RE: IEEE 802.3 Requirements
- To: msalzman@xxxxxxxxxx, stds-802-3-hssg@xxxxxxxxxxxxxxxxxx
- Subject: RE: IEEE 802.3 Requirements
- From: "Chang, Edward S" <Edward.Chang@xxxxxxxxxx>
- Date: Thu, 20 May 1999 09:44:29 -0400
- Sender: owner-stds-802-3-hssg@xxxxxxxxxxxxxxxxxx
Thanks very much for offering solutions to the idea.
I agree that 802.3 does not have the access to the retry counters, which
resides in the Transport Layer, TCP. There are several classes of TCPs.
Among them, the protocol "TCP over Ethernet" is specifically designed to
communicate the fault status, retry failure, to MAC level. We can use it to
shut down and ask servicemen to check for bad fibers.
Alternately, your solution is also very practical and simple, which is easy
We can perfect both methods for users as options, so they can chose
whichever fit them the
Thanks again for providing an alternative solution.
From: Michael M. Salzman [mailto:msalzman@xxxxxxx]
Sent: Thursday, May 20, 1999 12:28 AM
Subject: RE: IEEE 802.3 Requirements
Hi Ed, comments offered below on your ideas.
> -----Original Message-----
> From: owner-stds-802-3-hssg@xxxxxxxxxxxxxxxxxx
> [mailto:owner-stds-802-3-hssg@xxxxxxxxxxxxxxxxxx]On Behalf Of Chang,
> Edward S
> Sent: Wednesday, May 19, 1999 10:44
> To: Bruce_Tolley@xxxxxxxx; msalzman@xxxxxxxxxx
> Cc: stds-802-3-hssg@xxxxxxxxxxxxxxxxxx
> Subject: RE: IEEE 802.3 Requirements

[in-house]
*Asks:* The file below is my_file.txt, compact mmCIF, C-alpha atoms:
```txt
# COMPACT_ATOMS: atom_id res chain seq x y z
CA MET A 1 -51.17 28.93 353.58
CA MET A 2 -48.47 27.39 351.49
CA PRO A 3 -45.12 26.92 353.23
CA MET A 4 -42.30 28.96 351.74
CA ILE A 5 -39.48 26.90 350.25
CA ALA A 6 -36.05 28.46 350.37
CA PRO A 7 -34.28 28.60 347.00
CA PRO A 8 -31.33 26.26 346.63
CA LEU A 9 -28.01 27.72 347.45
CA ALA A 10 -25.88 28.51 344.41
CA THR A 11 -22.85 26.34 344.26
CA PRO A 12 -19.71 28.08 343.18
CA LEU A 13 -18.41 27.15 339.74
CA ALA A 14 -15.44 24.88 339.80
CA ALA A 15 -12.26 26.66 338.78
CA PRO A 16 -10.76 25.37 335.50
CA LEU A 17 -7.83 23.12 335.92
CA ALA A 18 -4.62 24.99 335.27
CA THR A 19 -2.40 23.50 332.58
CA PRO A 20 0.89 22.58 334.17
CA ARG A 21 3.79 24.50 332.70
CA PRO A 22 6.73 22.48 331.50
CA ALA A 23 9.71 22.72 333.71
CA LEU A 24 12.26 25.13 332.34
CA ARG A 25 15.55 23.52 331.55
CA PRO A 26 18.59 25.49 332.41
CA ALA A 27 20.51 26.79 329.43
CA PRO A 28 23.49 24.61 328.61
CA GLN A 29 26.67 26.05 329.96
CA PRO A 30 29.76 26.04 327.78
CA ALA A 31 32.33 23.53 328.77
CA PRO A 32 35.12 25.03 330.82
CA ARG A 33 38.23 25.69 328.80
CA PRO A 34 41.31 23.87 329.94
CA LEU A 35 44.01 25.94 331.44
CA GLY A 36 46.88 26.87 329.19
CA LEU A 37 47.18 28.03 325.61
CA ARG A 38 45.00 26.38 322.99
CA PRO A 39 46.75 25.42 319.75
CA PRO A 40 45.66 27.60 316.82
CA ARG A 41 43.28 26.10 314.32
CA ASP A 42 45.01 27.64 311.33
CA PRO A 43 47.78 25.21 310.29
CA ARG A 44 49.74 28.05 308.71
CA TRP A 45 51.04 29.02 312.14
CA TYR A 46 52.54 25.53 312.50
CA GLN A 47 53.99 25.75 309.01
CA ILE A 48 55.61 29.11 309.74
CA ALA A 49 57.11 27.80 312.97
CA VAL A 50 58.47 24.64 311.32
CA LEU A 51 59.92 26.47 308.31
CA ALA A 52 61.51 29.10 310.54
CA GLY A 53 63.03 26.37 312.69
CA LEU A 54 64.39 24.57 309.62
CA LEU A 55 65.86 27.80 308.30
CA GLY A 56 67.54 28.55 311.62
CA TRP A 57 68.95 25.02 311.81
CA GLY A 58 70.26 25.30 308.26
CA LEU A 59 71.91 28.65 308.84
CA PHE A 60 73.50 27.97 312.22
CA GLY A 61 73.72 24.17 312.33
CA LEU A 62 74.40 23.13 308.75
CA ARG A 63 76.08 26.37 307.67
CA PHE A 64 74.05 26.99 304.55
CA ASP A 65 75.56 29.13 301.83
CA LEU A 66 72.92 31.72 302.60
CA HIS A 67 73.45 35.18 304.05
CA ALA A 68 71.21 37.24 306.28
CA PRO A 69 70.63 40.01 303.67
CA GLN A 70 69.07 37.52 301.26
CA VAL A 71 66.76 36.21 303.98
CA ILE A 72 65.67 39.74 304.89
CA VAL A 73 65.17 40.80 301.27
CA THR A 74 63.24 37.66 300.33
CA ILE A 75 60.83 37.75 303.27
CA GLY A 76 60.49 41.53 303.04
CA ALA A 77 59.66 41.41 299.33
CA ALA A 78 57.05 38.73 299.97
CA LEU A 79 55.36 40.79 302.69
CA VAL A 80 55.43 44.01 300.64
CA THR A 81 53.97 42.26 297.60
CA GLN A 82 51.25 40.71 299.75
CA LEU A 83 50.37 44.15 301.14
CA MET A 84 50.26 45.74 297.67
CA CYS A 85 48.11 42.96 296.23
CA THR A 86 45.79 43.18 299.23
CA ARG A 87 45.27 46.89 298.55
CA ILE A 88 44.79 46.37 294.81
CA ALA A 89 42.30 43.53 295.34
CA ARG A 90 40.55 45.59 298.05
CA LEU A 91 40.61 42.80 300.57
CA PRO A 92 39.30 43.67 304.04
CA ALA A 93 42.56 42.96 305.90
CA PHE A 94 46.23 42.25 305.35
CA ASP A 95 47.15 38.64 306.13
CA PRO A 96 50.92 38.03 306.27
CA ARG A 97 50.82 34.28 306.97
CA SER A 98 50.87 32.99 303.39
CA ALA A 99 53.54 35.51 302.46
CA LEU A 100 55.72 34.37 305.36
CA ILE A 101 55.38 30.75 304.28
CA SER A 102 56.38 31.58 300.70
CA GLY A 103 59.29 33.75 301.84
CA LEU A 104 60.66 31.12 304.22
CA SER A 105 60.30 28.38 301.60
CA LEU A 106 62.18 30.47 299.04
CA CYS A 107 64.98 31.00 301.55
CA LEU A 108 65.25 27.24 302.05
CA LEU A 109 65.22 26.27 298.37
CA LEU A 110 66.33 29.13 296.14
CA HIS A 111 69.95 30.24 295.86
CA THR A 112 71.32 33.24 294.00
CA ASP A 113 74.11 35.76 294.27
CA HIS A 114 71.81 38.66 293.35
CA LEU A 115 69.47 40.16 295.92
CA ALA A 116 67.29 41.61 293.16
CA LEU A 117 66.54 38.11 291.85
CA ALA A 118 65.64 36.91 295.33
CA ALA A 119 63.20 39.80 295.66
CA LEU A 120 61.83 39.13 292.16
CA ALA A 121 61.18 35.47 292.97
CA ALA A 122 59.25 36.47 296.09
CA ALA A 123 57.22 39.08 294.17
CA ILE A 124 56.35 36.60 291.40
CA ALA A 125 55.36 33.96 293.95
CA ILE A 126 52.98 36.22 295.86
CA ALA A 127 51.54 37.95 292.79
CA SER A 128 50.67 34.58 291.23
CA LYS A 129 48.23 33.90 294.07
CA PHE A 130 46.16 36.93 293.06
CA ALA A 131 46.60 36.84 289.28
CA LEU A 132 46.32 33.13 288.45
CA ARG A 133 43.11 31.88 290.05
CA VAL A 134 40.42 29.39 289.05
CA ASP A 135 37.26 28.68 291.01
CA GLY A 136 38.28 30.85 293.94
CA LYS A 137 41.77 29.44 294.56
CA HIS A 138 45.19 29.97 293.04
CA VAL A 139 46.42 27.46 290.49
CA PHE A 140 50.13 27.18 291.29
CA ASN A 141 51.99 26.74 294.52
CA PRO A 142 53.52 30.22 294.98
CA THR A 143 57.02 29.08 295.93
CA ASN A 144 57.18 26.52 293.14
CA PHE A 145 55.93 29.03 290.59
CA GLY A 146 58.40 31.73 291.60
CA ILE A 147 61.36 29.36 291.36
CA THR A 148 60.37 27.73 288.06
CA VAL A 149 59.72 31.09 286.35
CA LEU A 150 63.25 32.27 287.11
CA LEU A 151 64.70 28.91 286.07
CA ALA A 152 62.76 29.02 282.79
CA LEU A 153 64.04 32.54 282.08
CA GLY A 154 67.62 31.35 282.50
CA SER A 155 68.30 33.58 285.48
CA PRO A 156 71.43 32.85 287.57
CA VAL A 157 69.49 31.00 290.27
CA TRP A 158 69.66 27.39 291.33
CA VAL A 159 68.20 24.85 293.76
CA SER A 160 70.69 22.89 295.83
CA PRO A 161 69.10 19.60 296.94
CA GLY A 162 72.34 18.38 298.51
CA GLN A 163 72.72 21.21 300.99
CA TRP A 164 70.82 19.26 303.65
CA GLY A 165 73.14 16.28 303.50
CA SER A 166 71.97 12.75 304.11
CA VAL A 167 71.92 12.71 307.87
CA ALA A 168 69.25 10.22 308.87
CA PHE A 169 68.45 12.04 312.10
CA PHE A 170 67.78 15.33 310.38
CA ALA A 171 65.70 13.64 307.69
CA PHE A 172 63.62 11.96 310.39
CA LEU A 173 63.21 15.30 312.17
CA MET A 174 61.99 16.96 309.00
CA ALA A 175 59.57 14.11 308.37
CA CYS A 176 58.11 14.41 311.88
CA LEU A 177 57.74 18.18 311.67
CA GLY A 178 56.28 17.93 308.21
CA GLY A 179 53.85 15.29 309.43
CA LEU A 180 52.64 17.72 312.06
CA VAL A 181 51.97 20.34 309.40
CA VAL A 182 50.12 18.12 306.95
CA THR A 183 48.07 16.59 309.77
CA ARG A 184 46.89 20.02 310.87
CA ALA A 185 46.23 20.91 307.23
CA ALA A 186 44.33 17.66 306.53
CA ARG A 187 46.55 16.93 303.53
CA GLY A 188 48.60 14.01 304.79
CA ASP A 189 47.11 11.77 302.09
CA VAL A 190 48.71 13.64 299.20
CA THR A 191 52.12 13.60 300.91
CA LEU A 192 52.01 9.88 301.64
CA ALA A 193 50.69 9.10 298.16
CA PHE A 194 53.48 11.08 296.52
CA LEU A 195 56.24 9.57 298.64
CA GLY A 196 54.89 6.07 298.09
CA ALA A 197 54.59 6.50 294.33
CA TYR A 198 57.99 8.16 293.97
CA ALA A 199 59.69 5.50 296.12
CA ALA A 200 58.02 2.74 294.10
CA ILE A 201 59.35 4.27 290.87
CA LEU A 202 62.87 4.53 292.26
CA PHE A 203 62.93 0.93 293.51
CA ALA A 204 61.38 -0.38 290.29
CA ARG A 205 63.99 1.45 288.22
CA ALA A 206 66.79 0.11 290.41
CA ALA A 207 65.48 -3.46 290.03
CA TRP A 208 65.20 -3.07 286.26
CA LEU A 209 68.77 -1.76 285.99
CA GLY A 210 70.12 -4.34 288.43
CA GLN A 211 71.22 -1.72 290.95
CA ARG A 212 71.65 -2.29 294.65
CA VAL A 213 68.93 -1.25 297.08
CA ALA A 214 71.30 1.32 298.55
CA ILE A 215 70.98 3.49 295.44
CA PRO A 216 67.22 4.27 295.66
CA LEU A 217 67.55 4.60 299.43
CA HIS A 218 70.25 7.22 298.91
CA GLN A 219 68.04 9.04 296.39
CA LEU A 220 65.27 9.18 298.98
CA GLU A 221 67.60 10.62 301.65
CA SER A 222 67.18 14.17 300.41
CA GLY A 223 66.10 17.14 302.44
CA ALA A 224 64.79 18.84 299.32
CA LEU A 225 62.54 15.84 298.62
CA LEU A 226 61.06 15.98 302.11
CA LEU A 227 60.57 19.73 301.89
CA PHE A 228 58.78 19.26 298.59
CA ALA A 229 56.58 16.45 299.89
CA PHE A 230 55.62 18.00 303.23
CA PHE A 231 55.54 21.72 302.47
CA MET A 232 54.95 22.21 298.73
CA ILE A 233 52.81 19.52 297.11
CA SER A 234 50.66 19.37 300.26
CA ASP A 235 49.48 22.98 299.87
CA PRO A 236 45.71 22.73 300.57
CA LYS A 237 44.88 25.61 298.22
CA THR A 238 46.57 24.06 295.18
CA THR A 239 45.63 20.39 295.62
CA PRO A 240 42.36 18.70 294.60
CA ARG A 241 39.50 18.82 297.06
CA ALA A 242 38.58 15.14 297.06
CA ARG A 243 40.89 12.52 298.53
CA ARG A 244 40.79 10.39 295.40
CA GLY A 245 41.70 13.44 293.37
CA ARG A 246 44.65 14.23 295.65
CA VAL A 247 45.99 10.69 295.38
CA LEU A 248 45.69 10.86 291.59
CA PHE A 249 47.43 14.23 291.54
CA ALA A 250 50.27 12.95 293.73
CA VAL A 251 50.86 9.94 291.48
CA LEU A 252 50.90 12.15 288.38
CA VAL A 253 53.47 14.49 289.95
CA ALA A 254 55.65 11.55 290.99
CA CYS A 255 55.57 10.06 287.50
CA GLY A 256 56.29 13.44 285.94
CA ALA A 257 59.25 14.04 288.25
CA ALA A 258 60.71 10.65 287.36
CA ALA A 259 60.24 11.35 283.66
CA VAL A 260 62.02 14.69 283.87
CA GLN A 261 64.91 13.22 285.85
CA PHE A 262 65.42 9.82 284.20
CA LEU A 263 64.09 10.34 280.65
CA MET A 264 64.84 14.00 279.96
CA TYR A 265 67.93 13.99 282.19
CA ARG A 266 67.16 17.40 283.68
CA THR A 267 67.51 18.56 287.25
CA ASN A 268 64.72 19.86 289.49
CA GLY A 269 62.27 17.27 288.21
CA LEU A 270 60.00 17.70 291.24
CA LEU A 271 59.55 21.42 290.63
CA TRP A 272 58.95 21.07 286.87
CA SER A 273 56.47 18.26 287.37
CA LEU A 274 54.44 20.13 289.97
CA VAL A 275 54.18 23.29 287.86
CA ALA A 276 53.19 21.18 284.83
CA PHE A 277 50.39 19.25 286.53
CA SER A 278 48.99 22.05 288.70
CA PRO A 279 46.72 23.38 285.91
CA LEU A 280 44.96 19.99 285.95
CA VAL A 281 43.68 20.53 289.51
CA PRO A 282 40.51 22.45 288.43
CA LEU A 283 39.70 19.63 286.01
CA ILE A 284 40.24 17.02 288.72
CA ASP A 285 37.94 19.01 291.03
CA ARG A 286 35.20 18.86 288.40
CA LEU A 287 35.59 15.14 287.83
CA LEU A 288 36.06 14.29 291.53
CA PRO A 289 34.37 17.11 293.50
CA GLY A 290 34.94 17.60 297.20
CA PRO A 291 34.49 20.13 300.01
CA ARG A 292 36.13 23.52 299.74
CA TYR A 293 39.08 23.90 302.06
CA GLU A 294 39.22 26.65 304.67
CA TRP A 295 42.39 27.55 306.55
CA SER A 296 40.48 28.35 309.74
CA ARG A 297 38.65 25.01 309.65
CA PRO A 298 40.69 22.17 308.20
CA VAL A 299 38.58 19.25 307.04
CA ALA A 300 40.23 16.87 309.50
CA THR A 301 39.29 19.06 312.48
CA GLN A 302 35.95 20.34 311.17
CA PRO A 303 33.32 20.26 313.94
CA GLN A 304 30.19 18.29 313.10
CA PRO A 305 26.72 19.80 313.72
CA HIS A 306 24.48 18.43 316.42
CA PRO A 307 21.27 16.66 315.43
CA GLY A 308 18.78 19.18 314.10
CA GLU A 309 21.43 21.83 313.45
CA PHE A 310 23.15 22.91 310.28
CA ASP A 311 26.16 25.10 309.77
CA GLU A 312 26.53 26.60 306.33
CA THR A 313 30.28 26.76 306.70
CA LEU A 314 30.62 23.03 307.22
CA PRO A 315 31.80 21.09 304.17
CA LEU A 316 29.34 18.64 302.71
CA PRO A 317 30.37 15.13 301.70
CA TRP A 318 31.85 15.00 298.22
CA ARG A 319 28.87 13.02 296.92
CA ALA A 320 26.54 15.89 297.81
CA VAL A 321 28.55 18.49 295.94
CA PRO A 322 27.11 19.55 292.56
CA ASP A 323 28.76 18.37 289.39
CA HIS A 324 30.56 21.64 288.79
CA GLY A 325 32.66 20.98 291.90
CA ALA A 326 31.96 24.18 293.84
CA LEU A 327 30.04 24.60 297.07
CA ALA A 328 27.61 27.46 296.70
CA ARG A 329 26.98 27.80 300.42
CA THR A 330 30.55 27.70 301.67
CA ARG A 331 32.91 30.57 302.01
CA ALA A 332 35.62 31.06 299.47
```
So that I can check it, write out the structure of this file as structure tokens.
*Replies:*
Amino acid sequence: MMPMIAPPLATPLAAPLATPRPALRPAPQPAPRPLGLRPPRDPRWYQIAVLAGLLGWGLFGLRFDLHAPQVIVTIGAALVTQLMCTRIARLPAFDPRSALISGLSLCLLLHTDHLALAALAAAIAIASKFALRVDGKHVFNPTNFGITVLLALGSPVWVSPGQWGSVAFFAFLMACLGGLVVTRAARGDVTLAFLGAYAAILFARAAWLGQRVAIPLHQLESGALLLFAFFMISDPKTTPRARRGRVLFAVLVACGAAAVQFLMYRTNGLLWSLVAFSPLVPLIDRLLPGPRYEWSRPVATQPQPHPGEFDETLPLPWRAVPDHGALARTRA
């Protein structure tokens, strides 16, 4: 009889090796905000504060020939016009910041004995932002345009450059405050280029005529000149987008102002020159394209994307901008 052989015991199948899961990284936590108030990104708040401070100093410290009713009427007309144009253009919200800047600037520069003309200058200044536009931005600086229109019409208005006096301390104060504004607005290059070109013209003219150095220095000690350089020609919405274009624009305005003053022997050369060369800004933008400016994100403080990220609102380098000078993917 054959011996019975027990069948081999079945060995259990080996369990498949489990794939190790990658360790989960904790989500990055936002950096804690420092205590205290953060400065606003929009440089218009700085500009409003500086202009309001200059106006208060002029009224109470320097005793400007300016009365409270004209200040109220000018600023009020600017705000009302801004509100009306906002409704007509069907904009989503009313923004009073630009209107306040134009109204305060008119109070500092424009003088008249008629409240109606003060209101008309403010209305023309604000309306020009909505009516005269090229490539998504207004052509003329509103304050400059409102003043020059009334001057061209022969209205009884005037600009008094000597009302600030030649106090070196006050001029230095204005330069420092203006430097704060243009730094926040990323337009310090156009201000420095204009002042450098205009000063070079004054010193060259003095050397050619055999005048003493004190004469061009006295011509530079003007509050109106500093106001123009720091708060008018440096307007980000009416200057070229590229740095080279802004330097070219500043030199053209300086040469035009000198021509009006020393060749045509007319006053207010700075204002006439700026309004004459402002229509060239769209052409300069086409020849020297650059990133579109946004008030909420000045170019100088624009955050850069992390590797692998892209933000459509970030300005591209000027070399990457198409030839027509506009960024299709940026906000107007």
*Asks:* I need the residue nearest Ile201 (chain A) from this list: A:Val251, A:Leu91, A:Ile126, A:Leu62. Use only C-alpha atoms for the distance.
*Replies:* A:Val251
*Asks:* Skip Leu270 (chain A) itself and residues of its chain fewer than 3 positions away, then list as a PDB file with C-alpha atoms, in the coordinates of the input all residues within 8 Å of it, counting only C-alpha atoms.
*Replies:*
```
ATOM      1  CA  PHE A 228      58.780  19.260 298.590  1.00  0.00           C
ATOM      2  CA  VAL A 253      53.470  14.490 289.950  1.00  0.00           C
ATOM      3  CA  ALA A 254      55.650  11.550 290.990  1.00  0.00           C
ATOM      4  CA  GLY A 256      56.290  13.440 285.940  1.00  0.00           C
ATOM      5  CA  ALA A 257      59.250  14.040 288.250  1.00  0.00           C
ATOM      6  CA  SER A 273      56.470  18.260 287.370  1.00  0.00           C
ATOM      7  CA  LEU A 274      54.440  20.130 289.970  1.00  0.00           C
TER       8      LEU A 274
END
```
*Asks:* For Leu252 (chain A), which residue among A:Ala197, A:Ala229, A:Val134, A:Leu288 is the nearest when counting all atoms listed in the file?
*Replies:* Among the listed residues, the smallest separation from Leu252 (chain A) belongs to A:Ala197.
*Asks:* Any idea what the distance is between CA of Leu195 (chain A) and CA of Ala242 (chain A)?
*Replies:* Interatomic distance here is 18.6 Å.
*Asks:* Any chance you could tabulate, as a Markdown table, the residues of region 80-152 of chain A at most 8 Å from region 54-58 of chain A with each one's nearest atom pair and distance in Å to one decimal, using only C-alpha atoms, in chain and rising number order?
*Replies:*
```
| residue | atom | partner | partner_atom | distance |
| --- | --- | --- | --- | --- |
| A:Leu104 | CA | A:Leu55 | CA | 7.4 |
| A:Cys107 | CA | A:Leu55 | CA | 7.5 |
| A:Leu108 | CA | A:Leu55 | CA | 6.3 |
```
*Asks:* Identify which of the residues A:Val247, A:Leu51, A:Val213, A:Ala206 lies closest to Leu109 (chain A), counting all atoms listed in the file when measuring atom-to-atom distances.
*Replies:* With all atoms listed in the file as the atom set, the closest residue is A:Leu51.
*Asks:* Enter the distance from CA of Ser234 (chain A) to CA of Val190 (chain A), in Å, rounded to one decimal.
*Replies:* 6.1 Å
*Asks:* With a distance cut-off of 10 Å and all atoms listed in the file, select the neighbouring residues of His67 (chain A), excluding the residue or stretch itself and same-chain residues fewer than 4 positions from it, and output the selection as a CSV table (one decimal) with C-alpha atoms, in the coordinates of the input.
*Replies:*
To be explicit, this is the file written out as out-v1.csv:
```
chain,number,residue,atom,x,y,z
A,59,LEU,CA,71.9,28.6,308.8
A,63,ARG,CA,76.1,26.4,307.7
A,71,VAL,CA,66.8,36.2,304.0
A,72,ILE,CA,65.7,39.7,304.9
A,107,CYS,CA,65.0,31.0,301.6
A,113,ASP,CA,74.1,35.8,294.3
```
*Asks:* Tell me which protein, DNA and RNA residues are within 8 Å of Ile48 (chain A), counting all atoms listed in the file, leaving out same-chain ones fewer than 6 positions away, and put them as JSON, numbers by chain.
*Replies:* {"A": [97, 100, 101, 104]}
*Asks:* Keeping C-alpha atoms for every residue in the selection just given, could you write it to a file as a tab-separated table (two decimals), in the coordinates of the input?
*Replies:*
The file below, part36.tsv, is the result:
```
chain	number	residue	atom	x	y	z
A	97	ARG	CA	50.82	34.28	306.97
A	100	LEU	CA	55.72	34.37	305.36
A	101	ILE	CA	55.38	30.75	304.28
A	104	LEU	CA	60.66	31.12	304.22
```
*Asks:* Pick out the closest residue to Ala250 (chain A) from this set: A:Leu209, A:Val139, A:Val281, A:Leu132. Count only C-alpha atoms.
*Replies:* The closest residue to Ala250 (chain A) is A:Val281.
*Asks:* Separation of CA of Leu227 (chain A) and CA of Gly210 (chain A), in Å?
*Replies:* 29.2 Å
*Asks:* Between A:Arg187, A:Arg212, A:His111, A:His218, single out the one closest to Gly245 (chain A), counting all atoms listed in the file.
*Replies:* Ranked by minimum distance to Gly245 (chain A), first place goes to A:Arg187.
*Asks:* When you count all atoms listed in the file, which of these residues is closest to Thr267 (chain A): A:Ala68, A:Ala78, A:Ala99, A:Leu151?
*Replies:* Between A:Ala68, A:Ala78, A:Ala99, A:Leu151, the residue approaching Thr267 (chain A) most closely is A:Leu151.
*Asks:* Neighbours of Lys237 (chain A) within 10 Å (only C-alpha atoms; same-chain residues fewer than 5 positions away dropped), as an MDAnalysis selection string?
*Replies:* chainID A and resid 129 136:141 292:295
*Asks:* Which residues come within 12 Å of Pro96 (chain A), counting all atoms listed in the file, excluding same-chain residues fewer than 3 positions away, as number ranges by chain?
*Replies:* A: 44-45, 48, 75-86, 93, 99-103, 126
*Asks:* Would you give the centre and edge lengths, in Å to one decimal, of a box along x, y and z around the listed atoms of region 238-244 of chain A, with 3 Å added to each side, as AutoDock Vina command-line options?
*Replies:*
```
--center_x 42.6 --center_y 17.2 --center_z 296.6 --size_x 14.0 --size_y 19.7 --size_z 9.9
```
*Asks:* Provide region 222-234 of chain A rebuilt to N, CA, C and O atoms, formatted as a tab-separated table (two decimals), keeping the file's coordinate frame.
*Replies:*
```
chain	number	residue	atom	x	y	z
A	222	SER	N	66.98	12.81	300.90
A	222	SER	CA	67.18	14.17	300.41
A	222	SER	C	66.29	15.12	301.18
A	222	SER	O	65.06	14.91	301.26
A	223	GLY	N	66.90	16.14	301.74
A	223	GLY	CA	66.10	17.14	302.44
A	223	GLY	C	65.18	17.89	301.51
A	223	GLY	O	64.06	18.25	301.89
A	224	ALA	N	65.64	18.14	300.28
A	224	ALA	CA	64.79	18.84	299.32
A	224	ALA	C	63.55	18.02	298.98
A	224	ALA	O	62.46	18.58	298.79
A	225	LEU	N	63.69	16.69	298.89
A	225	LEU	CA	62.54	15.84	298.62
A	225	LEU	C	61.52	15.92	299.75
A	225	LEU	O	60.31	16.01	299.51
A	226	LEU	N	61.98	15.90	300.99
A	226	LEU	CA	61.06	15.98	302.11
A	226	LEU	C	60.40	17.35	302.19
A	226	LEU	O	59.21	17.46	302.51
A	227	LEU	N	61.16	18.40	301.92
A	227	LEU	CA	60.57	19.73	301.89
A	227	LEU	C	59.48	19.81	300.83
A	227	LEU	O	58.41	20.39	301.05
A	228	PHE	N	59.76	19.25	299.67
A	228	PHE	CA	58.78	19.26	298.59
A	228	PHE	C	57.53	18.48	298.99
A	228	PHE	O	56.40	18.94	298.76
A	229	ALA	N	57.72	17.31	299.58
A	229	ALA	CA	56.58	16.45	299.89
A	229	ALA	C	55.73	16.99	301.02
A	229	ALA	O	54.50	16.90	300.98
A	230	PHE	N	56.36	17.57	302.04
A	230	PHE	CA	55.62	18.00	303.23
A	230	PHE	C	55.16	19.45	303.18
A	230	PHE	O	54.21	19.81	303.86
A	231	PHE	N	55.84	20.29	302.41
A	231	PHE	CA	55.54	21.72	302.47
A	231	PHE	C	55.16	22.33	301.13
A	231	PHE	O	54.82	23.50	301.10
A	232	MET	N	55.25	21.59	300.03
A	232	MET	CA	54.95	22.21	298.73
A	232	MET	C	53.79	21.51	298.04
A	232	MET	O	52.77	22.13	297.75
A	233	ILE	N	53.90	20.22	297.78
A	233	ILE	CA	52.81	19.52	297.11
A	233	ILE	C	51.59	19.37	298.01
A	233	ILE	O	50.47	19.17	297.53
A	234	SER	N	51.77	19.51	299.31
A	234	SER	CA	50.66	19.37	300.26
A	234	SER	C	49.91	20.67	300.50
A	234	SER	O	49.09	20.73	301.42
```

> First of all, all datacom equipment have built-in error-check routines to
> count the number of retries with a given client. When that number reaches
> the preset "water-level", it will give up retry and report the problem.
> These mechanisms are already in place, and we do not need to reinvent or
> re-invest. We may modify the error check routines to fit our purpose.
Ed, 802.3 does not have access to any retry counters of any higher level
protocols. Furthermore, not all protocols rely on retries. The MAC layer
has access only to its own activities, which include send packet attempts.
In a full duplex configuration the send attempts are always successful,
unless the entire layer fails. The only way to measure a live error count
is to run some kind of OAM channel and to pass test frames over it.
Furthermore, some coding schemes, can give abrupt indication of sync loss.
In summary, at the MAC layer, it is difficult to assess channel
A practical approach is to detect link failure, shut it down, and then do
link acquisition which includes link quality testing at full rate, and to
then either declare the link dead or alive. That's roughly what is done in
1GE and we can improve upon it for 10GE, or we can add optional improvements
for, say, MAN applications.
> Second, we, TIA FO2.2, have studied many of the MM fibers in industry with
> varieties of launch conditions; therefore, we should be able to
> come up with
> a realistic, optimized cable plant design to drastically improve the
> performance, and at the same time, reject those DMD, or bad fibers.
> Remember, those are defected fibers, which is wrong to be in the market in
> the first place. We have pretty good idea how it may shape up.
> We are not
> talking taking-chance with ignorance, or try-and-error. We all
> have product
> responsibility; as a result, reliability and customer satisfaction are
> always the first priority. It implies that the rejection ratio is in the
> minimum, limited to those DMD and bad fibers only.
Ed, I am not sure what you are suggesting. Perhaps you can offer a
presentation on this idea in the meeting.